I imagine a film critic would find fault with a number of aspects of this film, but my responsibility is to assess what interest it may have for someone who likes jazz.
Sammy Davis Junior acts with expected aplomb as a jazz trumpeter who mimes quite effectively to solos recorded by Nat Adderley. Picture and sound synchronisation is rather more obviously lacking elsewhere, as in the only musical performance by Louis Armstrong (Back Of Town Blues – here on YouTube) and a single song by Mel Tormé.
Louis has an acting role as well – a competent enough performance as the grandfather of a young black female activist (Cicely Tyson) who falls for trumpeter Adam and must try to solve his problems. The first of these is a reluctance to compromise with audience philistinism and the second is guilt arising from a car accident which killed his wife and child. He had been the driver, affected by drinking which followed from a humiliating experience of racism on a tour down south.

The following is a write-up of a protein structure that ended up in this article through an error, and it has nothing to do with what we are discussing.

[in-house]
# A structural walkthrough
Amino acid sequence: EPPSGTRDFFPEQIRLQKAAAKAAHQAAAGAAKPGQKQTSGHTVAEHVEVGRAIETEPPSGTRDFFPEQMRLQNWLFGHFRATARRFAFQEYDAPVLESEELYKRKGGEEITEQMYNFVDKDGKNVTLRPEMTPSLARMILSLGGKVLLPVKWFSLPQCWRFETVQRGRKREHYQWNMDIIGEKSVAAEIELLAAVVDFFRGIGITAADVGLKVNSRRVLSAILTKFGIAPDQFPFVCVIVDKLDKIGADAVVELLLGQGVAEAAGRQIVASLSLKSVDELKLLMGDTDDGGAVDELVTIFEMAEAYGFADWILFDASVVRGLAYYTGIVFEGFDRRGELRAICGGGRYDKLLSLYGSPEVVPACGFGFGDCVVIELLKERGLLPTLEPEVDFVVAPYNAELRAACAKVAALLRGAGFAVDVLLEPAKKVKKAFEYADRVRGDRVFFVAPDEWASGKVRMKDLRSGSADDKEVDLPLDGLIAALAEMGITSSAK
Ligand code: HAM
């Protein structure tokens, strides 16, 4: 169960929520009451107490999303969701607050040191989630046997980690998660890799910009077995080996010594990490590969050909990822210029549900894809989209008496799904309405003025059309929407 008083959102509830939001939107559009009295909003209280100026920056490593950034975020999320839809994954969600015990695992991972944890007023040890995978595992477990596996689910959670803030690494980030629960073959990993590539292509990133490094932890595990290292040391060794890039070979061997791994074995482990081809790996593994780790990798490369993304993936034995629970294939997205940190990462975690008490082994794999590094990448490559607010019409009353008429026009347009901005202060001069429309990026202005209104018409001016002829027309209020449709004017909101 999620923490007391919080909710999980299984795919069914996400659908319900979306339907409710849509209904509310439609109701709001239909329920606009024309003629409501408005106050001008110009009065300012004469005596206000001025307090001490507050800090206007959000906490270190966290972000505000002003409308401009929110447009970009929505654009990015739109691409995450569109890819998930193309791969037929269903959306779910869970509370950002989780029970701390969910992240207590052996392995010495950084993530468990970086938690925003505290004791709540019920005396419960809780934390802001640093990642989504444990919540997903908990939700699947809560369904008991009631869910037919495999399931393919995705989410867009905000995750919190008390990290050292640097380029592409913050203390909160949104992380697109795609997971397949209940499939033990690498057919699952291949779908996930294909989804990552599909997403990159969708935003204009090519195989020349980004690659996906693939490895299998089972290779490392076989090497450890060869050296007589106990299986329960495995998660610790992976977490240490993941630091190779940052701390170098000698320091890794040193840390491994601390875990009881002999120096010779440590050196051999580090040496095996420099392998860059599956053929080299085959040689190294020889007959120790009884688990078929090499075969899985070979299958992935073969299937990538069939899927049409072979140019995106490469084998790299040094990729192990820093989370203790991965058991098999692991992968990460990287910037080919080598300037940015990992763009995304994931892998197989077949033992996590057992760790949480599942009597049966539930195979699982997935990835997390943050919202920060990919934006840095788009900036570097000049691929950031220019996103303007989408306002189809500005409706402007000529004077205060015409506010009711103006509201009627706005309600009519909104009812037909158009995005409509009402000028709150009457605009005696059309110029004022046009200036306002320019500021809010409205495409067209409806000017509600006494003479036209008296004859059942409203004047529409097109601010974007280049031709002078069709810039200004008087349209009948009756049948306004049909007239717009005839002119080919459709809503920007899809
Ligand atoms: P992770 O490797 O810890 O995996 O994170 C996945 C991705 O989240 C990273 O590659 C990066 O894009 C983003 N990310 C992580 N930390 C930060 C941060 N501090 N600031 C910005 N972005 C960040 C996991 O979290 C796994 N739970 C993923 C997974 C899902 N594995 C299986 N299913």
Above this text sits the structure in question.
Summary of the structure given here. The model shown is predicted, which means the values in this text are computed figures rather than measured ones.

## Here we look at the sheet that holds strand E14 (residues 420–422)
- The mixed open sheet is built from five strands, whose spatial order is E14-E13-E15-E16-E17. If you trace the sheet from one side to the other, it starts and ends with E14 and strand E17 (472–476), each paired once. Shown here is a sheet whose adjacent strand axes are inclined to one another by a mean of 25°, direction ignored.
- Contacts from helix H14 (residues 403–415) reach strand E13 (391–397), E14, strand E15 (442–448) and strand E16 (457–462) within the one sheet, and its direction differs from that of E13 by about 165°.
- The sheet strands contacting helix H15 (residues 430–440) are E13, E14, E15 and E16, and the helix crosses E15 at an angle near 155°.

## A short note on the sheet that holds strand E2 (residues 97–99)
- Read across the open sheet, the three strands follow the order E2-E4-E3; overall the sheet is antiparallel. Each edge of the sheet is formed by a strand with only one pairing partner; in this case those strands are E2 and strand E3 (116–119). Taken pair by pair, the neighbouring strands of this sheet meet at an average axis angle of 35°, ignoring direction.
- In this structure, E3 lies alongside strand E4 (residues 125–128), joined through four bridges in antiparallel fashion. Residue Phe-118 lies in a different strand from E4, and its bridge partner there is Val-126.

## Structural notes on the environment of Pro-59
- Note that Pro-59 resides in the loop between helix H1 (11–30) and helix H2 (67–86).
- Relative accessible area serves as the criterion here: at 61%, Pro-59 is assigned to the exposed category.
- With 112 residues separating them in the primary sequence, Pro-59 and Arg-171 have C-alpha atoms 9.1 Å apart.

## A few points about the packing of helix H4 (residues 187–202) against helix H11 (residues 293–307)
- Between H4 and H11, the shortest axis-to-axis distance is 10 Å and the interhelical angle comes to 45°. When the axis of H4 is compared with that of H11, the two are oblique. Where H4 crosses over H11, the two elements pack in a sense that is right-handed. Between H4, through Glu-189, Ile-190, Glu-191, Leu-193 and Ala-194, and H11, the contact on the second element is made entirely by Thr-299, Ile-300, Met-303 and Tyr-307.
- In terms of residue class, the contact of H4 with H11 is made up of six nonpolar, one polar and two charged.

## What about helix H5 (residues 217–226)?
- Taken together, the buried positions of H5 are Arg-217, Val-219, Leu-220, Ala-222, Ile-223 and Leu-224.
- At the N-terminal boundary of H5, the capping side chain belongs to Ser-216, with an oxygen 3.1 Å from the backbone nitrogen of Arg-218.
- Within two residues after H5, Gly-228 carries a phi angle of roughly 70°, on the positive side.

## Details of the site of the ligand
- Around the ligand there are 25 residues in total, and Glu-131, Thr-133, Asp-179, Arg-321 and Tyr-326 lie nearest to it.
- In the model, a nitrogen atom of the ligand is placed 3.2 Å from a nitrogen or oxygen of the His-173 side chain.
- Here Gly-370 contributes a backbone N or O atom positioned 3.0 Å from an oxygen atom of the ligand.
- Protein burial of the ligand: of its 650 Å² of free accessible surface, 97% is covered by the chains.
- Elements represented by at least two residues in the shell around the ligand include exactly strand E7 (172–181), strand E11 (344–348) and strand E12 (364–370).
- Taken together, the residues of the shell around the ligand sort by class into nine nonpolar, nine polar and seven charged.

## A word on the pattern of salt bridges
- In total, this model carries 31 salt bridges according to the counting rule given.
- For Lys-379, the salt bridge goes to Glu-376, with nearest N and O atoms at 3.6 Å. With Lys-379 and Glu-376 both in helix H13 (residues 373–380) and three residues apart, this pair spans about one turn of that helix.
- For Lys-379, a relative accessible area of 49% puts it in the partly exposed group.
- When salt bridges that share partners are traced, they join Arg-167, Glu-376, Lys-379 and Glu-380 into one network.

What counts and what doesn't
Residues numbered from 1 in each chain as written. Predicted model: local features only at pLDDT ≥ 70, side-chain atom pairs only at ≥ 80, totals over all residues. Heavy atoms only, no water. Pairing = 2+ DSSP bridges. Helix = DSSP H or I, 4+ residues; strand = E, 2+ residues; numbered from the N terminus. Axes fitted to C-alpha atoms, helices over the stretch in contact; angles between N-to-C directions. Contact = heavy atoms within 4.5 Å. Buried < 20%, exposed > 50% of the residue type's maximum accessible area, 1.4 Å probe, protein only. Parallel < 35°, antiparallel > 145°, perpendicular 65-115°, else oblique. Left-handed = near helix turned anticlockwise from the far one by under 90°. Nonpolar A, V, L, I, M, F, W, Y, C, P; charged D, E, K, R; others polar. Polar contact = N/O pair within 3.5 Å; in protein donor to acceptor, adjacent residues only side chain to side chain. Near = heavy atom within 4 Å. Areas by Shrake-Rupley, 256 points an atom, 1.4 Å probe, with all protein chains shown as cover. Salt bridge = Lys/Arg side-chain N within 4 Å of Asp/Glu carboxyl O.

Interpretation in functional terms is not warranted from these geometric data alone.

Trumpeter Adam leaves and rejoins a band of friends which includes trombonist Kai Winding, who is the only white member until the film’s final stages when a young white trumpeting protégé of Adam’s is added for a very successful tour. That’s not the end of the film but I’ll leave the melodramatic finale to be discovered by potential viewers. (The young trumpeter is played by Frank Sinatra Junior who at times strikingly resembles his father.)
The style of jazz played by the band is what we once called “modern” and the portrayed enthusiasm of the audiences, whether in clubs or concert halls, seems to me implausible given the limited number of people to whom that style appeals and the fairly serious approach to listening which is typical of them.
The film is certainly unusual and a commentary provided as a “special feature” asserts that it was pioneering in terms of the dominance of black actors. Some of the dialogue seems stilted and possibly trying too hard to be authentic but my interest was held throughout and certain scenes had considerable dramatic impact. Whether anyone might want to watch it more than once is perhaps unlikely.
The press release adds the information that the film includes an interview with Radio 3 broadcaster and “jazz expert” Jumoké Fashola.
A Man Called Adam, a film directed by Leo Penn, starring Sammy Davis Junior, Cicely Tyson and Louis Armstrong. 104 mins, Studiocanal, available in DVD, digital and Blu-Ray.